If that happens, science has taken a giant leap forward. We will know something that previously we only supposed. Conversely, if the vast experiment at Cern does not produce a Higgs boson, the theoretical physicists will have to retrace their steps and think a whole new explanation for life, the universe and everything. But cosmologists – who study the biggest things in the universe – are hoping that the unprecedented experiment in Geneva will uncover "supersymmetric particles", because if they exist, they turn the key to one of the great mysteries of outer space – why are galaxies 10 times heavier that they appear to be?
There are two ways of estimating the total mass of a galaxy. You can either study what you can see, and deduce its total mass, or you can study the movement of the stars on the outermost edge of the galaxy, and calculate the gravitational pull. It has been done many times, and each time one of the two methods is used it produces a different result from the other. The discrepancies have been so consistent that the only satisfactory answer is that there is a vast amount of matter in the universe that has mass, but which cannot be seen or detected.
In truth we cannot know what the experiment will throw up. When the particles start to collide in the LHC in October, they will generate an energy that will be like concentrating the energy from a head on collision between two high-speed electric trains into a pinpoint. The theory that the world will vanish in a black hole is only one of the fanciful suppositions about what will happen next. Another is that time travellers will use the wormhole in the space-time continuum generated in the LHC to pay us a visit. Professor Keith Mason, chief executive of the Science and Technology Facilities Council said: "I believe we are poised on the threshold of a new age of physics. Scientists waiting for the LHC dare to ask the biggest questions that exist in modern science. They want to test our understanding of the universe and find out if dark matter exists, whether the four dimensions of space-time are it or in fact there are eleven dimensions! They want to know why some particles have mass and some, like particles of light, don't.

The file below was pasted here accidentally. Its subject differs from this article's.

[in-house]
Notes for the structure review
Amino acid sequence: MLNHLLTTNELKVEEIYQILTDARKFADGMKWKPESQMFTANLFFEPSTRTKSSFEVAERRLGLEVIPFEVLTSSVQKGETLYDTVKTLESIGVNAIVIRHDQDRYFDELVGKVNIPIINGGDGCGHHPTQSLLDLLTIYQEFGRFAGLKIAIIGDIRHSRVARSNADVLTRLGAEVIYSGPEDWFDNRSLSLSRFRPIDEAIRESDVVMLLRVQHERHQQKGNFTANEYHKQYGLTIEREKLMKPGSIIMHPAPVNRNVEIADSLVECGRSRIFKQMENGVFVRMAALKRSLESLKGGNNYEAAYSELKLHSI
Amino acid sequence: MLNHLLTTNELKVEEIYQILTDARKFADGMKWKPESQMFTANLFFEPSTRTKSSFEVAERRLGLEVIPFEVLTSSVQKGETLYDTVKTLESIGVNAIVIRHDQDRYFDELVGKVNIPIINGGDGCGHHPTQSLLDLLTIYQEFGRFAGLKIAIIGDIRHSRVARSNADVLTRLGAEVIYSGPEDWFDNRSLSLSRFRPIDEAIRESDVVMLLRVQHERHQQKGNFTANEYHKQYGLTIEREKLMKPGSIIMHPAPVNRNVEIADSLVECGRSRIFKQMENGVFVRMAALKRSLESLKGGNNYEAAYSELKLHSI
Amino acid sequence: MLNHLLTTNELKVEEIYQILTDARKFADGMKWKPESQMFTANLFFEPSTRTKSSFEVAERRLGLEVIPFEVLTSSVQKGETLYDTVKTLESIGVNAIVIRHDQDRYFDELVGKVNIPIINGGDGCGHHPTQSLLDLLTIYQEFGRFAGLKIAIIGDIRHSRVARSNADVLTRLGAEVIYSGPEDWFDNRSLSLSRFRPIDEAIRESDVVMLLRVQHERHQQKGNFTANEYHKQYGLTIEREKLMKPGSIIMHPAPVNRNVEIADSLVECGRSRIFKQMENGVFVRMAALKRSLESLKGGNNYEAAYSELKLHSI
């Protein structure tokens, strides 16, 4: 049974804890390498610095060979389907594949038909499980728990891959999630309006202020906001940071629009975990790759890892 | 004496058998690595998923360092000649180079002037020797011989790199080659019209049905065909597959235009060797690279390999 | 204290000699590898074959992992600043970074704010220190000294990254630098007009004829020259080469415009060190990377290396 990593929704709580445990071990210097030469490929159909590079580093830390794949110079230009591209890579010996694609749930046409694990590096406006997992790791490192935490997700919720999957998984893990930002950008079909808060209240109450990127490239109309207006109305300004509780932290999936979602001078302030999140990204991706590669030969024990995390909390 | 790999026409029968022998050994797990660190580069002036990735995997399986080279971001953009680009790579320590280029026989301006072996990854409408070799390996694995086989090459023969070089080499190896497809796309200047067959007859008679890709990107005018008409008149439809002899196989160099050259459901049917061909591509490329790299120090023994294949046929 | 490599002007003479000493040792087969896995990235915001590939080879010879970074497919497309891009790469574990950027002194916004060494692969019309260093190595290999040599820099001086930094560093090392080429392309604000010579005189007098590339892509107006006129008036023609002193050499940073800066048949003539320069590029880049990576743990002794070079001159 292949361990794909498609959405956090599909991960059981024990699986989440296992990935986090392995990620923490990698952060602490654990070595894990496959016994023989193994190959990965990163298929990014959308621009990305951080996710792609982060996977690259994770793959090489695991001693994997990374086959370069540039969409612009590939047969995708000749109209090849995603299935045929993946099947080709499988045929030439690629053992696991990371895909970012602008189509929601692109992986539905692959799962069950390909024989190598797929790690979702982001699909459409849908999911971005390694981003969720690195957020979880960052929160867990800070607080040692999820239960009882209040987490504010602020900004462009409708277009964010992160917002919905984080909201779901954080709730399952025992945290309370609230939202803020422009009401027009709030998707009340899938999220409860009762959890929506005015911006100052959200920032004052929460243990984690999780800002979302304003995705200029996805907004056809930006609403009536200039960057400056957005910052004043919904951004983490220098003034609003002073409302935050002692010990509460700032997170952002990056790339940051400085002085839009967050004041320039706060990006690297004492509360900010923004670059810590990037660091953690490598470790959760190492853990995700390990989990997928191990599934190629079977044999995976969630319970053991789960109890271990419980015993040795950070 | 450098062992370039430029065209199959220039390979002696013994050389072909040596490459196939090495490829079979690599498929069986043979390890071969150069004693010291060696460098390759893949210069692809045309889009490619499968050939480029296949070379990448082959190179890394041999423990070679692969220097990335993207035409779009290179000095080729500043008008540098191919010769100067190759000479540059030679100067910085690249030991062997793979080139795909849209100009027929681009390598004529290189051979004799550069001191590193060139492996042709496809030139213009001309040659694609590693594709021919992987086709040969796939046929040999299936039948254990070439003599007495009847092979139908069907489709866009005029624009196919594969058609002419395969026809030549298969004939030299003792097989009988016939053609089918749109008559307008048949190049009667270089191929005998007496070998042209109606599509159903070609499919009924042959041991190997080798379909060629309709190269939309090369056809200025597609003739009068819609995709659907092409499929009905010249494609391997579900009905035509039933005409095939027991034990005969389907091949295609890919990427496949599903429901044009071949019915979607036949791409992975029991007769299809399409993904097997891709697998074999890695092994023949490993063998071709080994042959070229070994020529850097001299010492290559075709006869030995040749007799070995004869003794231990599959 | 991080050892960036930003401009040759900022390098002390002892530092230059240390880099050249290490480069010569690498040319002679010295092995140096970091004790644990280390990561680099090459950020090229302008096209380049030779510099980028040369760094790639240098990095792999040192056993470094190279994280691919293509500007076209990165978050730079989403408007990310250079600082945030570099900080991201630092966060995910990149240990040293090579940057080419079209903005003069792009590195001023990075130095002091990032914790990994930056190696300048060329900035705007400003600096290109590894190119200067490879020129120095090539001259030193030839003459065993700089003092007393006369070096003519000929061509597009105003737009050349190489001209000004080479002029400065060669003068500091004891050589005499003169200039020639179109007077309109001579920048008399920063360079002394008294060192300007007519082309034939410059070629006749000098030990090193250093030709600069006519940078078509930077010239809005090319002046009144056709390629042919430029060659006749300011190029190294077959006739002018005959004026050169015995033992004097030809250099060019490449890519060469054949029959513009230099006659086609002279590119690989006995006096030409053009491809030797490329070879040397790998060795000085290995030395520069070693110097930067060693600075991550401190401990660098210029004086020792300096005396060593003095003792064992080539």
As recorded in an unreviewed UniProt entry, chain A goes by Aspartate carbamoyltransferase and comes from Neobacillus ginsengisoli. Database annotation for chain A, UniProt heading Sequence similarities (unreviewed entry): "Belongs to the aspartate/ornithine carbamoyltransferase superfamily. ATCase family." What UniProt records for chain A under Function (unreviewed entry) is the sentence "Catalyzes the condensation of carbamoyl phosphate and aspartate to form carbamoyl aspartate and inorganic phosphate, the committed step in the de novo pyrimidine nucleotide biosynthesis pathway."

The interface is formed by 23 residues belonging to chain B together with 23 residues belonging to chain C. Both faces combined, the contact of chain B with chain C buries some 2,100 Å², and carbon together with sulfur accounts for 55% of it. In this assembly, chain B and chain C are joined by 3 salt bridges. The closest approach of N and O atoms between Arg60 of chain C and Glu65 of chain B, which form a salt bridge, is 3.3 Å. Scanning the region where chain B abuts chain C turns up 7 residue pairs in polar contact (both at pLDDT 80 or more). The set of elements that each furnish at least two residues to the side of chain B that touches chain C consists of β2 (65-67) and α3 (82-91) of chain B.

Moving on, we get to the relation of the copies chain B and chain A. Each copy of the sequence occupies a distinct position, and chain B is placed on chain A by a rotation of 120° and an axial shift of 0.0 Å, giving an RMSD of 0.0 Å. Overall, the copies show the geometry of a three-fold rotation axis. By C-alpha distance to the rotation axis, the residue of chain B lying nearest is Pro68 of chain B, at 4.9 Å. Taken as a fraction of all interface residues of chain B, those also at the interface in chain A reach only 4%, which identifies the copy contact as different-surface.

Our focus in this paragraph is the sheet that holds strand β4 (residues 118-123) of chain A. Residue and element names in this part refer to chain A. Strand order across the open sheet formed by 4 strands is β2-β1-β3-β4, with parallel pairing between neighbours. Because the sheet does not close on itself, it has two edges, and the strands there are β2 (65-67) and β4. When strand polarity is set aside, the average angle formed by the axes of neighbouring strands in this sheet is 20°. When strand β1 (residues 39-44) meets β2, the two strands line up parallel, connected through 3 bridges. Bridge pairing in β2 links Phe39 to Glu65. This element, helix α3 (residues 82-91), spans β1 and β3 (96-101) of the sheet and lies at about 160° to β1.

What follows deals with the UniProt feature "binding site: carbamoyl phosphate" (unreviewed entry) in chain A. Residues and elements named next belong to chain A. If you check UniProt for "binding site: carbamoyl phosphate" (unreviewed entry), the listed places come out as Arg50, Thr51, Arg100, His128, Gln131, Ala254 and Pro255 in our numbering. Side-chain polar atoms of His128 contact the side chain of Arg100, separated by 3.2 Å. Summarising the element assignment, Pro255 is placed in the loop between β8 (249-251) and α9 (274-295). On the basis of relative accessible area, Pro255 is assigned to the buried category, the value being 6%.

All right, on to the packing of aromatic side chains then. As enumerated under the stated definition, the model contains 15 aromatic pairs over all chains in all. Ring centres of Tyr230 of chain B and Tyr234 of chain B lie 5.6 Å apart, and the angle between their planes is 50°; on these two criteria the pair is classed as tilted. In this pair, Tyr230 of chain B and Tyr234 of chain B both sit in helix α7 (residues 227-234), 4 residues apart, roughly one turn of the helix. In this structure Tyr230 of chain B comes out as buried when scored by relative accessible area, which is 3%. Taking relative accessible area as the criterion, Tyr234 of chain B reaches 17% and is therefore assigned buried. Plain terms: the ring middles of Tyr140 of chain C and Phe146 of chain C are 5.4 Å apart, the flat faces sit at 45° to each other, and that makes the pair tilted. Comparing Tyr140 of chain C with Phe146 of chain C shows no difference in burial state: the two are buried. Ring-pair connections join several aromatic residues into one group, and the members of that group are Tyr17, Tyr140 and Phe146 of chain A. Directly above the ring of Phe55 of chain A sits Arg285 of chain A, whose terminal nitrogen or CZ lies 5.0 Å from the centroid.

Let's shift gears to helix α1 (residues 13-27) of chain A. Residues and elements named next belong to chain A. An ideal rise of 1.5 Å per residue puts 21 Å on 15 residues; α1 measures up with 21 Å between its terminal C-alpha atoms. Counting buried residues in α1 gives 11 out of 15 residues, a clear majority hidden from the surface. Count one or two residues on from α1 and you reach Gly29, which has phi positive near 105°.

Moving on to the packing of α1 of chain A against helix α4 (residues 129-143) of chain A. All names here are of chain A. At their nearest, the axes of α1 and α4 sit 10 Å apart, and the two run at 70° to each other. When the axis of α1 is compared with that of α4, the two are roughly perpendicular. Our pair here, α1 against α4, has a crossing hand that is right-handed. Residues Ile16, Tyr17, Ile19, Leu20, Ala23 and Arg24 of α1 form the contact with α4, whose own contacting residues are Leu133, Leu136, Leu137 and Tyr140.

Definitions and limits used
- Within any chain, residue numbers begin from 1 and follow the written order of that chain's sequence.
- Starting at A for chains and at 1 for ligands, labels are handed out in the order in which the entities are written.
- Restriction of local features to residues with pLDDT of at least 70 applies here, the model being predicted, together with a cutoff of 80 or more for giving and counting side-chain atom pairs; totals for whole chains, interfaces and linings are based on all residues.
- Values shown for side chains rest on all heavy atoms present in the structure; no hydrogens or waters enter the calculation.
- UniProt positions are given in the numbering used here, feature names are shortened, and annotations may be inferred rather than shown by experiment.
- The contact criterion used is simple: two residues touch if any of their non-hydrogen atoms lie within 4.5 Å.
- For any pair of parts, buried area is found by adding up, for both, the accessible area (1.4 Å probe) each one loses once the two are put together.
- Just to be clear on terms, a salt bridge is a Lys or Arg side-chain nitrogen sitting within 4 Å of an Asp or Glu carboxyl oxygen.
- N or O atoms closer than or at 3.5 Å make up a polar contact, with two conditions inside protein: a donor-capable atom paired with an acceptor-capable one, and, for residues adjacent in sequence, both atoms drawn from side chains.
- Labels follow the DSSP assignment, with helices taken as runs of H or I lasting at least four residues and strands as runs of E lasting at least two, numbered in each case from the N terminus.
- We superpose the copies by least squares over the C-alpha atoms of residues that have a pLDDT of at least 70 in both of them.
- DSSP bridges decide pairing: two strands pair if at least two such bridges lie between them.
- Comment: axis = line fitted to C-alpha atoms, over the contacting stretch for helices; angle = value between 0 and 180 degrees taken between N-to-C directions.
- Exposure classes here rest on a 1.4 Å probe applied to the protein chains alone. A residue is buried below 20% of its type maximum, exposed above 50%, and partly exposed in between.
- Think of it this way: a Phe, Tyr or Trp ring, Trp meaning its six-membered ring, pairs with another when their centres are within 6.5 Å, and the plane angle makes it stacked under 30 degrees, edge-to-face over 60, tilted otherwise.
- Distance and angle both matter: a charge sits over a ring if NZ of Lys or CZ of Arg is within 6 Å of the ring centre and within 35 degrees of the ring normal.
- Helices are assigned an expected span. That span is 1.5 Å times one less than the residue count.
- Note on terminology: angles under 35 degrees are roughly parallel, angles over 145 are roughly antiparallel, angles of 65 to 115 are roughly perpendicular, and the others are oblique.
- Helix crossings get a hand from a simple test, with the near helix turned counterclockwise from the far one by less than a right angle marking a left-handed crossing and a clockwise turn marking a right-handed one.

"Using the four detectors... we will be able to look at these mysteries that go to the fundamental nature of the universe."
To the question "what is the use of it all?", the short answer is that it is "useless – but not for long". "No one knows exactly what new fields of knowledge the LHC will open up to us," says Dr Robert Kirby-Harris, chief executive of the Institute of Physics. But he forecasts that; "the technological payback will be huge. The need to deal with the vast quantities of data the LHC will produce has already resulted in new grid technology to increase storage and capacity, and improve the capacity of the internet to carry more and more data. And I have no doubt that this will encourage more school students to study physics – exactly what the UK needs to ensure a vibrant future."
And anyone who objects to having nearly £5bn of European taxpayers' money spent on a plaything for boffins should consider this: years ago, the scientists at Cern wanted to improve the means by which they communicated by computer with other scientists around the world, so they designed the World Wide Web. Then they gave the technology away, for nothing. Consider how much money has been made from that free gift... and stop complaining.